Friday, March 23, 2012

Elizabeth Warren, Easily Understandable Financial Forms, and Chutzpah... , Part II

Yesterday, arguing against Harvard law professor cum Democratic Massachusetts Senatorial candidate Elizabeth Warren’s concept of using the federal government to simplify financial forms, we noted how incompetent the federal government is at writing simple laws…
But the question remains, why ARE these forms so complex? It turns out this is not a result of market failure--that is, it is not the result of the actions of a competitive marketplace, such that a zealous regulator like Warren must intervene. As one former HUD employee put it, the complexity in the financial forms is mostly driven by government. According to one legal scholar specializing in financial law, these forms became more complex as a result of industry response to the 1968 Truth in Lending Act. Let Wikipedia describe the act’s requirements:
“Subpart C relates to closed-end credit, such as home-purchase loans and motor vehicle loans with a fixed loan term. It contains rules on disclosures, treatment of credit balances, annual percentage rate calculations, right of rescission, non-requirements, and advertising...
“Several appendices contain information such as the procedures for determinations about state laws, state exemptions and issuance of staff interpretations, special rules for certain kinds of credit plans, a list of enforcement agencies, model disclosures which if used properly will ensure compliance with the Act, and the rules for computing annual percentage rates in closed-end credit transactions and total annual loan cost rates for reverse mortgage transactions.”
With all these legal mandates for disclosure, do you think the length of a contract might increase, and the elaborate legal terminology that is Greek to layman might expand?
As with many financial regulations originating in Washington, unintended consequences abound. For example, Warren’s CFPA is responsible for a new form found on your credit card statements--ignore for the moment the increased costs associated with this new requirement, and how that impacts the fees banks charge customers for credit card use. It consists of a prominent black-bordered box that lists the amount you would end up spending if you paid only the minimum required payment each month to pay off your card. The box also lists how many months--typically several years--it would take.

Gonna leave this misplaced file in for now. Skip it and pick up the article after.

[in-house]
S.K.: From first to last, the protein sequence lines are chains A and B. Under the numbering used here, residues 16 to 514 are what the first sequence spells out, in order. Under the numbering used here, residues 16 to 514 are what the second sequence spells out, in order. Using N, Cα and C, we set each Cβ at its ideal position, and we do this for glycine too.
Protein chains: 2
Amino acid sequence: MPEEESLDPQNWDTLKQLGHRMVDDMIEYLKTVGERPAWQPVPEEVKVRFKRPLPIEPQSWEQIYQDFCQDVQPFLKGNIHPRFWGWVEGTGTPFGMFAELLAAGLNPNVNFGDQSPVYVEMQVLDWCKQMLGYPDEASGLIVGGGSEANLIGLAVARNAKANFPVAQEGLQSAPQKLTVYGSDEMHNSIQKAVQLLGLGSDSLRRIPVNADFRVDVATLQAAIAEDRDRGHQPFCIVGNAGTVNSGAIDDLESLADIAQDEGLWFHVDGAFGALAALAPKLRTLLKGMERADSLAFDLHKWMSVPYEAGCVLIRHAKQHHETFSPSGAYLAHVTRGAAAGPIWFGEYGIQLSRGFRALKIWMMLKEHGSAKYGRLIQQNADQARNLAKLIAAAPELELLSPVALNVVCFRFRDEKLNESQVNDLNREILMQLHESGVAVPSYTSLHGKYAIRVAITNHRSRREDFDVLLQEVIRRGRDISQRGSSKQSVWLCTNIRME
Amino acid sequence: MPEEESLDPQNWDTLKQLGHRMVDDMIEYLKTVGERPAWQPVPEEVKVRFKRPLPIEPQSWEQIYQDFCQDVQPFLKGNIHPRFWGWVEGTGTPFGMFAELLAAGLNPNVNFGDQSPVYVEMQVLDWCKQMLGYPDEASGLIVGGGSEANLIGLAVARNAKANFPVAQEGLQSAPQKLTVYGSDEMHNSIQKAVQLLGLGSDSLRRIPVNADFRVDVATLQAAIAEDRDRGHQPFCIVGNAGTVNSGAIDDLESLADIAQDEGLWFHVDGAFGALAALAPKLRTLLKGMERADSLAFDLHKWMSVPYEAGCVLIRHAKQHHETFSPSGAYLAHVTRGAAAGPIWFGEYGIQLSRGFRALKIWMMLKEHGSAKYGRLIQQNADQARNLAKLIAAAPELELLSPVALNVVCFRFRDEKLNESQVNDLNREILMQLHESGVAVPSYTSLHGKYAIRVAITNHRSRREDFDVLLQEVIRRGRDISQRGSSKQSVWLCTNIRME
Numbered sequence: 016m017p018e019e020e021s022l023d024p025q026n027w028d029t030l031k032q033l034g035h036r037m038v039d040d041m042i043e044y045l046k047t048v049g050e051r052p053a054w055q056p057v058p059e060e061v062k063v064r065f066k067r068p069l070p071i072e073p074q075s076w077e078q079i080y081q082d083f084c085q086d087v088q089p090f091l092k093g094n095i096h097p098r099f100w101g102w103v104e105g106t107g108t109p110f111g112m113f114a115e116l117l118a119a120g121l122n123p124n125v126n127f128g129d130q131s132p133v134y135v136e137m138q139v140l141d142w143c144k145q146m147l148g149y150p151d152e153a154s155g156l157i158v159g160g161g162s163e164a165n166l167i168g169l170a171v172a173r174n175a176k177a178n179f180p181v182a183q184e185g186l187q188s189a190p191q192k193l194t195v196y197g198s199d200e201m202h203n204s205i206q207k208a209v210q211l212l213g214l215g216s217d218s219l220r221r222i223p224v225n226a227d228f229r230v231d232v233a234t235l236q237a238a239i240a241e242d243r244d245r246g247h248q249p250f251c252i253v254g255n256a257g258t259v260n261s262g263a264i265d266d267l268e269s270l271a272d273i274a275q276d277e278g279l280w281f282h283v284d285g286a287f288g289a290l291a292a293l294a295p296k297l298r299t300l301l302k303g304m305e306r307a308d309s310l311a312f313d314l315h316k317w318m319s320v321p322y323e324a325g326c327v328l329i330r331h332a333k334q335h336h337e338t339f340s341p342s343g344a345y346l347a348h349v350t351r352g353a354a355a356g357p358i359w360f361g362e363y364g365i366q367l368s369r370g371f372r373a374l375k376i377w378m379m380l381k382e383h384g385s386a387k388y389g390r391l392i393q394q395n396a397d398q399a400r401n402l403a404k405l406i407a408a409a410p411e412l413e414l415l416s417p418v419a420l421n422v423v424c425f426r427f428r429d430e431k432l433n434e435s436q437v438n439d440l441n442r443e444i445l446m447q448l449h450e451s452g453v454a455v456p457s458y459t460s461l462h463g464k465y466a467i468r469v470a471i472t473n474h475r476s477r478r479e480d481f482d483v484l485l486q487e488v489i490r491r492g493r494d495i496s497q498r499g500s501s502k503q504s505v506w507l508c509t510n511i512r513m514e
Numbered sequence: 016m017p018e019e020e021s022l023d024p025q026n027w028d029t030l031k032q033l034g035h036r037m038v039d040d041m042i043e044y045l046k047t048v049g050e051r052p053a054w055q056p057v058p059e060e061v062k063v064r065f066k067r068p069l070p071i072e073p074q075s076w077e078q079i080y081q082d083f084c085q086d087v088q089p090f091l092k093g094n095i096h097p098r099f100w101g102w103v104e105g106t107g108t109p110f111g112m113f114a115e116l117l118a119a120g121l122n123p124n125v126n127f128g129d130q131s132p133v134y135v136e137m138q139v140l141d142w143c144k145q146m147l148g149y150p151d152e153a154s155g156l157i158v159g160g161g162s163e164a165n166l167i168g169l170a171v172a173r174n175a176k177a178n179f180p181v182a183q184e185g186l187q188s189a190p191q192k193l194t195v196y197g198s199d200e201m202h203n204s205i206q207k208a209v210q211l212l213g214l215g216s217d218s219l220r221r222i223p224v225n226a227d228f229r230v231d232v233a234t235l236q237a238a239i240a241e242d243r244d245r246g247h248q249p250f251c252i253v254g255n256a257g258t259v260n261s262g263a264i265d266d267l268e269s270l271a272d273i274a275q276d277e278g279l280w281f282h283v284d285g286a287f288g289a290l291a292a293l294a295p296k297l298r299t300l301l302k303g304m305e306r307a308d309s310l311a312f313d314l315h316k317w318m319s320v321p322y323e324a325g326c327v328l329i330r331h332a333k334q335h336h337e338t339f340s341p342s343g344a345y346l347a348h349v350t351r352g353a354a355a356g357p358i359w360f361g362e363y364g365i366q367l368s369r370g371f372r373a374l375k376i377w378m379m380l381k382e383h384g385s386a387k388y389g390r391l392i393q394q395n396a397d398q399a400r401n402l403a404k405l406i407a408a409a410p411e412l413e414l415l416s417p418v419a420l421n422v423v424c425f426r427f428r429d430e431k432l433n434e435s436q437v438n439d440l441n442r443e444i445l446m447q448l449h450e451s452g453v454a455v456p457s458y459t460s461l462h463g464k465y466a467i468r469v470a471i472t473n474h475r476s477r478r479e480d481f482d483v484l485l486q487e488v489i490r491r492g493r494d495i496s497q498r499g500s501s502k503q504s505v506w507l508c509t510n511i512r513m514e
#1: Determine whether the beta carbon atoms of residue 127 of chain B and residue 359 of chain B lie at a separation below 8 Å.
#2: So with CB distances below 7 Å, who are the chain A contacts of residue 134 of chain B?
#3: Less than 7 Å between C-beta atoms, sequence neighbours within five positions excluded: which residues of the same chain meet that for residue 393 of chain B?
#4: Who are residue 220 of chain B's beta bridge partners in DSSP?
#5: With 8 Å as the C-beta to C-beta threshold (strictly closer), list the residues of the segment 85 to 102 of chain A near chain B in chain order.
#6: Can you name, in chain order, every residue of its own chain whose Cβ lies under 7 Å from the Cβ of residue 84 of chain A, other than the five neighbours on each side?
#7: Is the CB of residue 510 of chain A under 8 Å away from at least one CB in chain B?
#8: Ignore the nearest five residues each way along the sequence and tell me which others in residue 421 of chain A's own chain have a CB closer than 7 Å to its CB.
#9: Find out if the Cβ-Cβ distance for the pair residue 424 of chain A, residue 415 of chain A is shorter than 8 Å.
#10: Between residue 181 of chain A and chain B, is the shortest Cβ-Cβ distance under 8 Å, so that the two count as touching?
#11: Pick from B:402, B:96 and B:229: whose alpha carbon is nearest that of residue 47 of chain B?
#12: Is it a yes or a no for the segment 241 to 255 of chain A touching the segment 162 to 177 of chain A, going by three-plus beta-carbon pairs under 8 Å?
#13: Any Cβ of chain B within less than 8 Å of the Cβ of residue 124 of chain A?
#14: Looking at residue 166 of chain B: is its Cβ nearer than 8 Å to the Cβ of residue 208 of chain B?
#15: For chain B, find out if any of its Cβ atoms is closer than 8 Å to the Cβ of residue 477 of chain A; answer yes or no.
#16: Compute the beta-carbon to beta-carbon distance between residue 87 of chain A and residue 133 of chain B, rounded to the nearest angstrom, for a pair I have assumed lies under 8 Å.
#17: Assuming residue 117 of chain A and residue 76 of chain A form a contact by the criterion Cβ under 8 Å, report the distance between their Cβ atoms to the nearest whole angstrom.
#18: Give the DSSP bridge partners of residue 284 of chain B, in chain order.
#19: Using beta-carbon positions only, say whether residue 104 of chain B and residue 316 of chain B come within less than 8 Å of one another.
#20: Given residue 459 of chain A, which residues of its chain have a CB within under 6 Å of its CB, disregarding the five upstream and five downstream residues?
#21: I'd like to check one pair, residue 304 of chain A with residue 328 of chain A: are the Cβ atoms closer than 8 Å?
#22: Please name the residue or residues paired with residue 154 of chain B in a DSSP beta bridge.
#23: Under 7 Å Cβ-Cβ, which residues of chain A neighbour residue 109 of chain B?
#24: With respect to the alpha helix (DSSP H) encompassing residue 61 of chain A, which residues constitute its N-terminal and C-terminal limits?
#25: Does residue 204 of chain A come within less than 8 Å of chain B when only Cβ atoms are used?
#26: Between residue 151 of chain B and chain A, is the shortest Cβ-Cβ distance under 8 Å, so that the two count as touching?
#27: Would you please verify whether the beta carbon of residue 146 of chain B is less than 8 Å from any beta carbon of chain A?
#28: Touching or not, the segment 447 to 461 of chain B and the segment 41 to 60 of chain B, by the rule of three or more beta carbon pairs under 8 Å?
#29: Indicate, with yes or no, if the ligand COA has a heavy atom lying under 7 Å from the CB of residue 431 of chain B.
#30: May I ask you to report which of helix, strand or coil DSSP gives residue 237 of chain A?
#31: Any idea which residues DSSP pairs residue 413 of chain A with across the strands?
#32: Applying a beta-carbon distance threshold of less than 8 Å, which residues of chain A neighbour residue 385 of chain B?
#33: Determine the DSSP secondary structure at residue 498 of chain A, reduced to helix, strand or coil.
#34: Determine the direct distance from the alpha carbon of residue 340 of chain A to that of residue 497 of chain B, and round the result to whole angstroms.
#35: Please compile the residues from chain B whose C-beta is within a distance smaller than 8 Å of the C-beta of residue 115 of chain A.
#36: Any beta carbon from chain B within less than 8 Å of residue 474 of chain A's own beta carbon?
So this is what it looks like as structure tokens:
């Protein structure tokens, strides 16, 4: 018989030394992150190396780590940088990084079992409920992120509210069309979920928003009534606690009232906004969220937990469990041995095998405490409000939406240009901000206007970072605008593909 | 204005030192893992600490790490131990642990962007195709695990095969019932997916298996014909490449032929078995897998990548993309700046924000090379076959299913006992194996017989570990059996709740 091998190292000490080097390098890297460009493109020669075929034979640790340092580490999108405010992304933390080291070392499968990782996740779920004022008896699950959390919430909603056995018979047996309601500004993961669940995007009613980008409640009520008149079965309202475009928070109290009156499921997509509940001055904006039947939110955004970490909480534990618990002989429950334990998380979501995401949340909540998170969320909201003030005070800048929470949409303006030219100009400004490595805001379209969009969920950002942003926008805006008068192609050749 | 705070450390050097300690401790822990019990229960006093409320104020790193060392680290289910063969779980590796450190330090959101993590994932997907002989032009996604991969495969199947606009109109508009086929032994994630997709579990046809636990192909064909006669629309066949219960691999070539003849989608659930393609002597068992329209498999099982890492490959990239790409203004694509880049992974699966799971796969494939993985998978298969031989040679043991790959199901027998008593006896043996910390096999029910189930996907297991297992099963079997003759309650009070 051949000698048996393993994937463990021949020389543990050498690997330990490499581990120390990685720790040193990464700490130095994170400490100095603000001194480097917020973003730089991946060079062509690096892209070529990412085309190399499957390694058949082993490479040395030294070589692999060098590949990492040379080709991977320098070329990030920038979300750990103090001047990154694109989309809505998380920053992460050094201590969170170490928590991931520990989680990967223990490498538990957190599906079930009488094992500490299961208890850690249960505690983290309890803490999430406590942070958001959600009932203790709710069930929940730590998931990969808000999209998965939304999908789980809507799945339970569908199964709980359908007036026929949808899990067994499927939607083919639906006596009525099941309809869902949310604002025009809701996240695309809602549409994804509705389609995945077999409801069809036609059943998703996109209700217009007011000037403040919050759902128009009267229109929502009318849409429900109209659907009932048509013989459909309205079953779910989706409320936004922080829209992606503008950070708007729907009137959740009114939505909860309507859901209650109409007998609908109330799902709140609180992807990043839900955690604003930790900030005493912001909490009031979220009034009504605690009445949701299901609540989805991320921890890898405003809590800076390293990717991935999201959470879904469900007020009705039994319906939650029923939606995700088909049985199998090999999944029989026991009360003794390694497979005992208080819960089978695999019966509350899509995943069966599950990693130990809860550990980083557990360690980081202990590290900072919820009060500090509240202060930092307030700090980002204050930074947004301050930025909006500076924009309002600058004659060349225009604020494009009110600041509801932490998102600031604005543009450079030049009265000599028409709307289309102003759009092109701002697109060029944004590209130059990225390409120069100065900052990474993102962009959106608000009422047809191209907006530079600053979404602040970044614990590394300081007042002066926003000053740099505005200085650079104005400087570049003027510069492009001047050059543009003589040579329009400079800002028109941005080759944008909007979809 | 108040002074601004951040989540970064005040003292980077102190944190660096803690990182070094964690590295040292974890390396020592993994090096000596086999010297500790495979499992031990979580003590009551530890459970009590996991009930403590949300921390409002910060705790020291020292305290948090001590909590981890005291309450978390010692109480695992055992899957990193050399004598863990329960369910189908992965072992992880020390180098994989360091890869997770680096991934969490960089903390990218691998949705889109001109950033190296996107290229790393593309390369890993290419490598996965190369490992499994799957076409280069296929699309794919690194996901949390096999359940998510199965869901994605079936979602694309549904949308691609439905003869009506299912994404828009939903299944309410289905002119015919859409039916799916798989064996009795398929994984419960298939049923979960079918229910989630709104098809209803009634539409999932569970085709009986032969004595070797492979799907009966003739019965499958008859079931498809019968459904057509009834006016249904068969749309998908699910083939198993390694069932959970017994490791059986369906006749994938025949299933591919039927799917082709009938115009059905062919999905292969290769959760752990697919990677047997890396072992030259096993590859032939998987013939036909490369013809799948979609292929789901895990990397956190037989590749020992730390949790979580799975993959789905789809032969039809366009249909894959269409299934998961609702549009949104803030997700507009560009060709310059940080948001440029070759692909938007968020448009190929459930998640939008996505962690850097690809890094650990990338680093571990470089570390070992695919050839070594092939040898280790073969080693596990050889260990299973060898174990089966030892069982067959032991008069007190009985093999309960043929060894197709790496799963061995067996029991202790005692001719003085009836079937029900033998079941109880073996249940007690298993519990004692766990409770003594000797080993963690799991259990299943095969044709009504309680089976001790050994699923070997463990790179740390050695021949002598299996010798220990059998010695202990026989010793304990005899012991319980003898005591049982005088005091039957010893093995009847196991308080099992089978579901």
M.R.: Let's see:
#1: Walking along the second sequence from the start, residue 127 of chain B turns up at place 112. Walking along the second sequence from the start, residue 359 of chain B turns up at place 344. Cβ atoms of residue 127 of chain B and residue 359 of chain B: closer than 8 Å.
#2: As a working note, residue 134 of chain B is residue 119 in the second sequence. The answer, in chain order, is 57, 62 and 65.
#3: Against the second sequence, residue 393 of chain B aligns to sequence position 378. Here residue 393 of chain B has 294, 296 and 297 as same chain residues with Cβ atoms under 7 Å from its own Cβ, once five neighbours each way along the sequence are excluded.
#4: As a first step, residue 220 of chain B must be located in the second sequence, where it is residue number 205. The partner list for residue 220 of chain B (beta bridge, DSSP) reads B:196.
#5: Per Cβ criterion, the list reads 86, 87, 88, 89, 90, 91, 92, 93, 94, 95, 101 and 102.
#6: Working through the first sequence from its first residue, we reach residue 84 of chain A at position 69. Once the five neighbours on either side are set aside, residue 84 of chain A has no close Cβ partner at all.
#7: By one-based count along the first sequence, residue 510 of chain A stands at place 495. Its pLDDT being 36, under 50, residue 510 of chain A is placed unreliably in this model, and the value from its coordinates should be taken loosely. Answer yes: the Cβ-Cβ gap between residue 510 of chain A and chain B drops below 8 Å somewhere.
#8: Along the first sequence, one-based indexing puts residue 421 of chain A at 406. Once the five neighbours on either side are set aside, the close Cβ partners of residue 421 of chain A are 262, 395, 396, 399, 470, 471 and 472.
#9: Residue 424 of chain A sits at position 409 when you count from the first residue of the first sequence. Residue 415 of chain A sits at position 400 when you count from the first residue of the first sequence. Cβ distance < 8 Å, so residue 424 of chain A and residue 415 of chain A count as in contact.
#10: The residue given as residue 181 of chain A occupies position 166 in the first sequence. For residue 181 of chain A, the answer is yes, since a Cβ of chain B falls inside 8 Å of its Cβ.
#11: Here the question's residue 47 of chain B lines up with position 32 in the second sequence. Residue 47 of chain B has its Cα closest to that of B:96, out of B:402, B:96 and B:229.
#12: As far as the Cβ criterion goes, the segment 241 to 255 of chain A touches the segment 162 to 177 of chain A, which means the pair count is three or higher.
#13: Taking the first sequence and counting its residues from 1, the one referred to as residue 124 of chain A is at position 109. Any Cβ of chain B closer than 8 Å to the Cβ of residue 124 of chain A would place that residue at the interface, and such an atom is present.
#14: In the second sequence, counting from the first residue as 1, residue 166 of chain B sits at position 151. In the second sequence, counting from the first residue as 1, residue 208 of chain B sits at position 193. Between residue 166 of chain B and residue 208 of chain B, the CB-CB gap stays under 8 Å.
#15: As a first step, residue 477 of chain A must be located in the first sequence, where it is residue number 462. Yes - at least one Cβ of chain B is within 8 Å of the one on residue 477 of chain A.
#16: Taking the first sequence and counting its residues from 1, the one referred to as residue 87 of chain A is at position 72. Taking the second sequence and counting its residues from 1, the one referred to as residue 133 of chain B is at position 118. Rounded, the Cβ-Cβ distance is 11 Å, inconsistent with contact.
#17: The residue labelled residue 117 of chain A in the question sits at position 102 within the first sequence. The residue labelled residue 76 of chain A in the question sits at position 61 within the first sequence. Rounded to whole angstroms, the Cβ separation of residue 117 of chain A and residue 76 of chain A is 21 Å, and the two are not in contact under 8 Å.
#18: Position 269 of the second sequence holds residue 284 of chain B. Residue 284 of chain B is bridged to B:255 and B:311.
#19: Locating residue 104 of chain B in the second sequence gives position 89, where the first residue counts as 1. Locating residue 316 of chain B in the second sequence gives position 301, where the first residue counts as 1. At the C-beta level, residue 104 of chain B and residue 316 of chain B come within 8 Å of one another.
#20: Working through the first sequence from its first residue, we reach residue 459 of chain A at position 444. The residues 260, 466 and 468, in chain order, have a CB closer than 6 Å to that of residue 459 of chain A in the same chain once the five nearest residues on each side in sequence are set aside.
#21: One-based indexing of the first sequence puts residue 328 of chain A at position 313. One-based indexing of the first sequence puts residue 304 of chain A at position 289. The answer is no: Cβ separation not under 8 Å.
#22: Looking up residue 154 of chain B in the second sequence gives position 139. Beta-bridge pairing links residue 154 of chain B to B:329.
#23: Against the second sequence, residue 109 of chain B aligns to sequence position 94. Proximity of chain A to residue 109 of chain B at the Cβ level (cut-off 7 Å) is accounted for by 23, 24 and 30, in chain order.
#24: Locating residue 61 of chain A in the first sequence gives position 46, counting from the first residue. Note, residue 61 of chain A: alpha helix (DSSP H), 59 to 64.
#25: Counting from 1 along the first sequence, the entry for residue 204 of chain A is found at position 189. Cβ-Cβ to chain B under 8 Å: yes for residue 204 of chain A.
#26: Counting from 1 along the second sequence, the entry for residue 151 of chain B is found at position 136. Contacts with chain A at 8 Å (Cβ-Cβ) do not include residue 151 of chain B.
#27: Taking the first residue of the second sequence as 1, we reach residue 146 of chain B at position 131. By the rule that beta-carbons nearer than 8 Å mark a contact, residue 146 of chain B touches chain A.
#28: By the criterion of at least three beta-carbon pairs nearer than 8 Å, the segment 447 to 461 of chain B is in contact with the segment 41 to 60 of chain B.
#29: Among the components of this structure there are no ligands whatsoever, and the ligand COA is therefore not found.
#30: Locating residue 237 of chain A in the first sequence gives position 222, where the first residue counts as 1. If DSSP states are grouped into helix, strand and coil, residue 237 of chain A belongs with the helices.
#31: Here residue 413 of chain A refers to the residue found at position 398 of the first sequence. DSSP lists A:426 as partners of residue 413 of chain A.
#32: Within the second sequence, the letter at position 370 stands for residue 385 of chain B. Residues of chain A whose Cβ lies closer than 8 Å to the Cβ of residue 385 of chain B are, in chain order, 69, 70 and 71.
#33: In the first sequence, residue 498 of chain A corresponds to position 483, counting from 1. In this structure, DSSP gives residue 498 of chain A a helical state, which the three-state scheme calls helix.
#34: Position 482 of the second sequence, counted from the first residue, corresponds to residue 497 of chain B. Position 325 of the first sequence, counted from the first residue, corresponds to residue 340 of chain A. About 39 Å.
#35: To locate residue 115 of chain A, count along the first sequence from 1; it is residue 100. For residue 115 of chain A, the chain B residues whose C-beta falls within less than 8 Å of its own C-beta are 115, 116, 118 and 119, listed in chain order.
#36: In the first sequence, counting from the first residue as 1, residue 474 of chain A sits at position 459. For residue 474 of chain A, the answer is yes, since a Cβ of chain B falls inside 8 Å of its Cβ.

Warren was concerned poor people with credit cards--the sad impecunious dolts--didn’t understand how financially bad it was to not pay off their credit cards quickly. And if all credit card holders made Warren’s high six-figure annual income, paying off one’s credit card quickly would no doubt be reasonable advice. The choice between paying off your credit card debt more quickly versus buying food or paying the rent or repairing the leaking heater--these are more challenging decisions Ms. Warren typically needn’t worry herself about.
Meanwhile, a study was done to determine exactly who a) never pays more than the minimum amount, and b) stops using the card for additional charges until the credit card is paid off. These would be the only people to whom this mandated monthly calculation is pertinent or accurate. Turns out the answer is 4% of people. This is what Warren considers an efficient regulation.
Meanwhile, in the real world of unintended consequences, it turns out that far from preventing people from wasting their money on interest, the newly provided boxed information, prominently displayed, has led MORE people to start paying only the minimum required amount, the exact opposite of Warren’s desires or intentions. It is like the result found by economist and risk expert Kip Viscusi on the dangers of cigarettes. Viscusi analyzed the data and determined that if Americans knew the real risks of cigarette smoking, 6% MORE would begin to smoke. That is, Americans over-estimate the health risk of smoking. Apparently they also over-estimated the costs of credit card interest until Elizabeth Warren made it plain to them…
It has been pointed out by admirers of Warren, that hers is a Horatio Alger story. It is true. Born into relative poverty, into a large family, she worked herself up to the point where her natural intelligence and drive have led her to the pinnacle our meritocracy, our economically mobile society, can offer: a Rutger’s law degree leading to a Harvard law professorship, hobnobbing with the rich and powerful of Washington. She did it on her own. She knows how much she stands out from the crowd of the Oklahoma City working class into which she was born. No wonder she thinks they need her help. She knows how much smarter she is than they. Clearly without her designing regulations to help them, she thinks, they will never be able to help themselves. 
But smart as she is, she has little knowledge or understanding of markets, seems oblivious to unintended consequences of regulations, and her efforts to micromanage financial markets create costly additions that now must be borne by those working class folks she long ago left behind, and whom she never viewed as equals.
Warren thinks that because the working class she knew could never articulate financial trade-offs to the degree she can, that therefore they do not understand them. But knowledge can be functional even if inarticulable. For example, growing up in working class Oklahoma City, Warren (a Methodist) probably knew few Jews. So she likely never learned to articulate the meaning of the word Chutzpah. Clearly it doesn’t follow that she is ignorant of the concept...


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